Q: I know progress has been made in reducing the rate of death due to heart disease in adults in the U.S. Is similar progress being made in quelling deaths due to heart disease in children?
A: You’re right that adult heart disease death rates in the U.S. are down almost 26 percent in the first 13 years of this century. But heart disease still causes more death in the U.S. than any other category of disease — over 600,000 deaths per year, most of them in adults. More effective treatment for heart failure, hypertension, high-blood lipids, as well as better diets, and, probably most important, a marked decrease in smoking have contributed to the improvement.
Diseases of the heart and circulation caused 458 deaths among U.S. newborns in 2013 — that’s in the first month of life. The Children’s Heart Association (CHA) estimates that more than 5,800 U.S. deaths annually occur due to congenital heart disease (congenital means “something you’re born with, as opposed to acquired heart disease, that may be due to infection, diabetes, high blood pressure, or tobacco). That number is also decreasing, though still about one percent of American newborns have a heart defect; as you can tell, most of those deaths occur later than 30 days of age.
My alma mater, Johns Hopkins University School of Medicine, was justly proud of having performed the first open heart operation on an infant. Pediatrician Helen Taussig, surgeon Alfred Blalock, and surgical technician Vivien Thomas collaborated on that first risky procedure in 1944; all three were still active at Hopkins when I got there in 1964. The first operation, called a Blalock-Taussig shunt, is done on children with a congenital heart problem called Tetralogy of Fallot, a relatively common cause of the “blue baby syndrome,” where not enough oxygen is carried from the heart to the tissues.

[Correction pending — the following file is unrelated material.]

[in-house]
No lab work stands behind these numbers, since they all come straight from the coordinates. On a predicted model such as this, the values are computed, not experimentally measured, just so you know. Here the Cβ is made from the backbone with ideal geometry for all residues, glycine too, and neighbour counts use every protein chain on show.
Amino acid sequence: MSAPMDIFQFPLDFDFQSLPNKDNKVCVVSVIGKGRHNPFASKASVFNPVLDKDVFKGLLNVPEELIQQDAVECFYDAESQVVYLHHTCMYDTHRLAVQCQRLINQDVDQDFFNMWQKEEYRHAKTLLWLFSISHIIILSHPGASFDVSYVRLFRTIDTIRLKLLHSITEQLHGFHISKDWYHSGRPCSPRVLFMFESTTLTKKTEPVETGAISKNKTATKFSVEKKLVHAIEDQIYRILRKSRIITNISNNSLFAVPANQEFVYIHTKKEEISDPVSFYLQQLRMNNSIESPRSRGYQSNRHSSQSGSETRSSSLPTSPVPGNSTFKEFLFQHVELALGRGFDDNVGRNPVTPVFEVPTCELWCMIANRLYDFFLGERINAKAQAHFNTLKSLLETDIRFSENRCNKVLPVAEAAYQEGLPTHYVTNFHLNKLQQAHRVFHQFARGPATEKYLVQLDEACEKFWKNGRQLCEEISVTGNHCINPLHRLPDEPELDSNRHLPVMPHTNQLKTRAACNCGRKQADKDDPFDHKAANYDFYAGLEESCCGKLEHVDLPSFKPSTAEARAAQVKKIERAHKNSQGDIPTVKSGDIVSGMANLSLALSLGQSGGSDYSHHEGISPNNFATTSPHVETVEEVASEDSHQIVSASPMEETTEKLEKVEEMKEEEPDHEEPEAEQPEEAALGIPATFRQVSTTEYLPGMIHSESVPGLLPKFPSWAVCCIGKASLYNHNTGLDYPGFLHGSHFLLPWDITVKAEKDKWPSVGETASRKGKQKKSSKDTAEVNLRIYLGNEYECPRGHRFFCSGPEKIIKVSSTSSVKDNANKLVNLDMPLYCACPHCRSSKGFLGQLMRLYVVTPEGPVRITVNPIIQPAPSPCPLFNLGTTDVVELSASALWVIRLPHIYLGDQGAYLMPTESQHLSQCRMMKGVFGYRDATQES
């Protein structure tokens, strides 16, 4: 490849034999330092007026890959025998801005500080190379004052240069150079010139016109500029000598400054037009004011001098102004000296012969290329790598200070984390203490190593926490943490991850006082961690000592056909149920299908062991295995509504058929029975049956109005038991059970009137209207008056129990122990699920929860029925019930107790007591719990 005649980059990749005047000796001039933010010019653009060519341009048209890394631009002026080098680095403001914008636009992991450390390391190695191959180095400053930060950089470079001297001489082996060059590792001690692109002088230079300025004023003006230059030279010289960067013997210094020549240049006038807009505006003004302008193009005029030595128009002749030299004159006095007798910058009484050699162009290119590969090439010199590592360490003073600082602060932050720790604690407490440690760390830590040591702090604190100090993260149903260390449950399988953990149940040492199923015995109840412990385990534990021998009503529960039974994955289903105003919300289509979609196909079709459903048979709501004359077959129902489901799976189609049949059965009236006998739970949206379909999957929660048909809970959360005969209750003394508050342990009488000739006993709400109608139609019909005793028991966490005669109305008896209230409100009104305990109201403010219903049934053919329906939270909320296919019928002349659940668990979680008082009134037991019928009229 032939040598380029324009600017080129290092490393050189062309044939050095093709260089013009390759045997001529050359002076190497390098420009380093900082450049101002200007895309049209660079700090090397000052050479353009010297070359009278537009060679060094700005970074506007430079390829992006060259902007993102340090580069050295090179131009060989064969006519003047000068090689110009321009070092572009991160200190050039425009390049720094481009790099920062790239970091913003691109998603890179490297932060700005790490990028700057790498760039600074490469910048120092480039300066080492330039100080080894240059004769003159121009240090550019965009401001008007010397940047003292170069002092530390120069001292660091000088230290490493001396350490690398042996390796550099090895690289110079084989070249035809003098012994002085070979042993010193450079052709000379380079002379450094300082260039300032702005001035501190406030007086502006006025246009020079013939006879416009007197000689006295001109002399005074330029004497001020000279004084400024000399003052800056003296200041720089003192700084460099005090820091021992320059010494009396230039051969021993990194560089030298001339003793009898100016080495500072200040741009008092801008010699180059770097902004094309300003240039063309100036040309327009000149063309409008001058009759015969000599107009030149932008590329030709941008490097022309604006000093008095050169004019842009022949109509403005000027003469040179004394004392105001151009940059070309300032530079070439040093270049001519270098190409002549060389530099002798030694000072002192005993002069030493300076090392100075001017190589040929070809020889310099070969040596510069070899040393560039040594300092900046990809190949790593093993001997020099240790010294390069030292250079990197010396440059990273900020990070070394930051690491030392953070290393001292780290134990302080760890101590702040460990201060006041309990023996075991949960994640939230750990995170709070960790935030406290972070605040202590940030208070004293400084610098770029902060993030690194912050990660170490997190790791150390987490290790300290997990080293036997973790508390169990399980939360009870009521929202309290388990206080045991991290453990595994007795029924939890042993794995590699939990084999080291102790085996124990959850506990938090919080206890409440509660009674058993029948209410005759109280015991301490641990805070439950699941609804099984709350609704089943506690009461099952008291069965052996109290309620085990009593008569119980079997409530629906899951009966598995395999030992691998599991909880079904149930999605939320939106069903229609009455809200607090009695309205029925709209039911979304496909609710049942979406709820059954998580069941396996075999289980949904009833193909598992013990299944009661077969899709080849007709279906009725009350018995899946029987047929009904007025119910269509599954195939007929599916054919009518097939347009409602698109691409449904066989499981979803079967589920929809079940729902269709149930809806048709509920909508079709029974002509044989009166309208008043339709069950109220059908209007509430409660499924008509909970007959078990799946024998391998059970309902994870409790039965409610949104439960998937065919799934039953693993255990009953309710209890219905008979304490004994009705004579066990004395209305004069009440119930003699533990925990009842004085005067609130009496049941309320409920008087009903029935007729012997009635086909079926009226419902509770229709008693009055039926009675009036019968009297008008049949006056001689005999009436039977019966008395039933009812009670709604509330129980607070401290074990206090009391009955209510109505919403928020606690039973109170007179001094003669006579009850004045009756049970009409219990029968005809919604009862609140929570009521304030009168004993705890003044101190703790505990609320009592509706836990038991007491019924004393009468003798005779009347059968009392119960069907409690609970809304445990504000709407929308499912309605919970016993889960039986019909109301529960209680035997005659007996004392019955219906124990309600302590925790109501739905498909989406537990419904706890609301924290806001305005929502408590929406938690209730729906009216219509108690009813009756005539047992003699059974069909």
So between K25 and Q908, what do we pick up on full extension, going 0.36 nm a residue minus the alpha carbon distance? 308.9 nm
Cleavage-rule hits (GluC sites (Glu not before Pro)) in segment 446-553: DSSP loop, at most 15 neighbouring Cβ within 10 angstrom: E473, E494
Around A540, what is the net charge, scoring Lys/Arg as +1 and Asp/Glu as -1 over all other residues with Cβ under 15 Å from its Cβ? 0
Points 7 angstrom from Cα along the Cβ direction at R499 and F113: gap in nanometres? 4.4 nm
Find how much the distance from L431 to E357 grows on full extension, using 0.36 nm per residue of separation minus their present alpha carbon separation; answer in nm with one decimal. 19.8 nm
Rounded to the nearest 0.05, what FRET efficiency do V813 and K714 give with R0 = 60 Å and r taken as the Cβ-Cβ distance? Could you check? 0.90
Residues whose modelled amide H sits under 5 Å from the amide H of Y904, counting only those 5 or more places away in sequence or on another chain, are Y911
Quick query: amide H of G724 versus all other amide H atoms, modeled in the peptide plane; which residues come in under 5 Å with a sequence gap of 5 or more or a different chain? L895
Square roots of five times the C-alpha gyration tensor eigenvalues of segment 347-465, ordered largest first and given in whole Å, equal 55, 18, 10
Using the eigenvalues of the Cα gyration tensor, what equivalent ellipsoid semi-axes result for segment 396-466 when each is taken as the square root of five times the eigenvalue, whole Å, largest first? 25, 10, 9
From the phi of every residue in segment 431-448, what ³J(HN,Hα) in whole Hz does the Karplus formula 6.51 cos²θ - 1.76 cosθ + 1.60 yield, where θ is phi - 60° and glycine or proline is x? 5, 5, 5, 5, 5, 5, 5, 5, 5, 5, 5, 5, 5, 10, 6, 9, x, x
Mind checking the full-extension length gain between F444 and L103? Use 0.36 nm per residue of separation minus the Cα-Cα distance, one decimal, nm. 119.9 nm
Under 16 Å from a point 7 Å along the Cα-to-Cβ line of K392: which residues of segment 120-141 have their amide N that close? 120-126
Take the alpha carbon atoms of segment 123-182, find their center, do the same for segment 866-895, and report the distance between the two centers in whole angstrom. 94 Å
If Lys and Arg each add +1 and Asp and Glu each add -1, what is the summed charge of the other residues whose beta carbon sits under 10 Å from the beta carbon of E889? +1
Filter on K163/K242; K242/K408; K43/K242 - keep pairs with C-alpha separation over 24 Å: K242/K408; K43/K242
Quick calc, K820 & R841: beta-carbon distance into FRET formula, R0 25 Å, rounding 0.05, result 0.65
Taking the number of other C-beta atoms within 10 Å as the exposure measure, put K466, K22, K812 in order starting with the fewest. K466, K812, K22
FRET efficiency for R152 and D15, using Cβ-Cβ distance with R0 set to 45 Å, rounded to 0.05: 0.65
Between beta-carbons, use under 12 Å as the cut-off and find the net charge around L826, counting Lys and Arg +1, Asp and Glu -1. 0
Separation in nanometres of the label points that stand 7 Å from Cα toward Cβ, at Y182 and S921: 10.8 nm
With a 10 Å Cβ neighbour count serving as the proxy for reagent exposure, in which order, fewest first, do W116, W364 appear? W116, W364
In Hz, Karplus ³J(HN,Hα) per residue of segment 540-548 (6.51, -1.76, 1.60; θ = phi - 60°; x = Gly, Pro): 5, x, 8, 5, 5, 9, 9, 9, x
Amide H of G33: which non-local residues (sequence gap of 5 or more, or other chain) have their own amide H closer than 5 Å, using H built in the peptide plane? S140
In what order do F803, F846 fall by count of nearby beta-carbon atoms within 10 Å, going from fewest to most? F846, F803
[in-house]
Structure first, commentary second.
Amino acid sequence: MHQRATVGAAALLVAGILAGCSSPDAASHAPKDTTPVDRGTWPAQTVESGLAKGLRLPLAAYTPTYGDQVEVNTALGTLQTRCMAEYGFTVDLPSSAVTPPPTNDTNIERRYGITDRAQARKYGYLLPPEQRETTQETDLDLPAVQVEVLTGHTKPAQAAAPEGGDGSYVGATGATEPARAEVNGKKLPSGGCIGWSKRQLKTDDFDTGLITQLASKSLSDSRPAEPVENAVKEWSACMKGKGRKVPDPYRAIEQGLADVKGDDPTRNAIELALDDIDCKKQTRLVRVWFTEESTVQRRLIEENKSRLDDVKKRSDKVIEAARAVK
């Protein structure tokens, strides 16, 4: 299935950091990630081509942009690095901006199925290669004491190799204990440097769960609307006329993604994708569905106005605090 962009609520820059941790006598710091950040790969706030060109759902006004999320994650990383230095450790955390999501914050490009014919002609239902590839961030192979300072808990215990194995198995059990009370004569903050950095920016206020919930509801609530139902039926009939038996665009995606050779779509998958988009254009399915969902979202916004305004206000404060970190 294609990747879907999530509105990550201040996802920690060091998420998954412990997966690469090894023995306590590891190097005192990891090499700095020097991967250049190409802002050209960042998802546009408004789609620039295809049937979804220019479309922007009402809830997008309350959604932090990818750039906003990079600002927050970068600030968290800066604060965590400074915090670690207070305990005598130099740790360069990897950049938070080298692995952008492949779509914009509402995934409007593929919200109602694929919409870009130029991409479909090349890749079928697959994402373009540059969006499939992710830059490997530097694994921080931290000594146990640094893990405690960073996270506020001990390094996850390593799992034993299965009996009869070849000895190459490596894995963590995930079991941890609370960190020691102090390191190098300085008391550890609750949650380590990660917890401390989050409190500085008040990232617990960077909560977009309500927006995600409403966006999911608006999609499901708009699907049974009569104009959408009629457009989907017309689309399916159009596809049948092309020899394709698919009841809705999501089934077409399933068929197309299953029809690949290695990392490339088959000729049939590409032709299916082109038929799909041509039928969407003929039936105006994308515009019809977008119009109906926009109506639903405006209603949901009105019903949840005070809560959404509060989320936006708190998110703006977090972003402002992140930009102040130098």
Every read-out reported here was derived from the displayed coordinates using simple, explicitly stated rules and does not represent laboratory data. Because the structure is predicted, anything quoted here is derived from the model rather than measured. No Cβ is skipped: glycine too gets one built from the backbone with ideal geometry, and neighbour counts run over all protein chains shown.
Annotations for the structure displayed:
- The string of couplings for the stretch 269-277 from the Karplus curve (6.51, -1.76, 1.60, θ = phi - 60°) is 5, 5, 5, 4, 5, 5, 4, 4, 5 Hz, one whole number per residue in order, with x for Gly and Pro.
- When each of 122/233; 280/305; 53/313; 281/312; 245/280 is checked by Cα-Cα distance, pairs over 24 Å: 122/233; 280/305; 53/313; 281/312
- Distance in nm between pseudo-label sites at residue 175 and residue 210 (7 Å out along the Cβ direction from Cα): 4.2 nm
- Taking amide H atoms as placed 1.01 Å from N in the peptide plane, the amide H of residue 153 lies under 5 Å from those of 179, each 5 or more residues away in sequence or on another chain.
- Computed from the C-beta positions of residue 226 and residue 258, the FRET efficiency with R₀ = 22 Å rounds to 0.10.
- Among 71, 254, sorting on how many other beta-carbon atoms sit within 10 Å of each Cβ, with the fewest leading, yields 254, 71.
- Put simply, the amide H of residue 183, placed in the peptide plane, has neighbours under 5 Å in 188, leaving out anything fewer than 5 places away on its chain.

Blalock-Taussig shunts are rarely performed now, as better and more lasting procedures have been developed for Tetralogy and for most other congenital heart problems. Gradual improvements in the operative methods, and especially in the intensive support of infants surrounding the time of the operation, have contributed to far better outcomes for that one percent of children born with heart defects. In some cases, surgery is entirely effective in restoring a normal life expectancy; in others, the operation buys both quality and duration of life for an affected infant. That’s not to say that all sufferers from congenital heart disease reach adulthood. Sometimes, despite the best medical care, some infants and young children with heart disease die of their disease, some even despite having received a heart transplant. I spoke with Brittany Griffiths, whose son Liam died of severe congenital heart defects about one year ago, following high-risk emergency surgery for an unfortunate array of conditions abbreviated TGV, VSD, DoRV, and TAPVR. Griffiths and her husband, Brady, decided to do “what we could do to spread Liam’s name as a way of continuing his very brief life.” They joined a local group of parents of children with congenital heart disease, and took part last year in New Mexico’s first Congenital Heart Walk in Liam’s name. The organization, part of the Children’s Heart Foundation, exists to raise money for research into further improving care for children with CHD, and to support parents going through the ordeal that Brady and Brittany faced.
On September 17, the ACHA and CHA are sponsoring their second walk in Albuquerque to raise funds for research and treatment of congenital heart disease. Liam’s mom and her Team Liam will be there, walking in memory of her son.
You can find information about it at http://events.congenitalheartwalk.org/site/TR?fr_id=1653&pg=entry.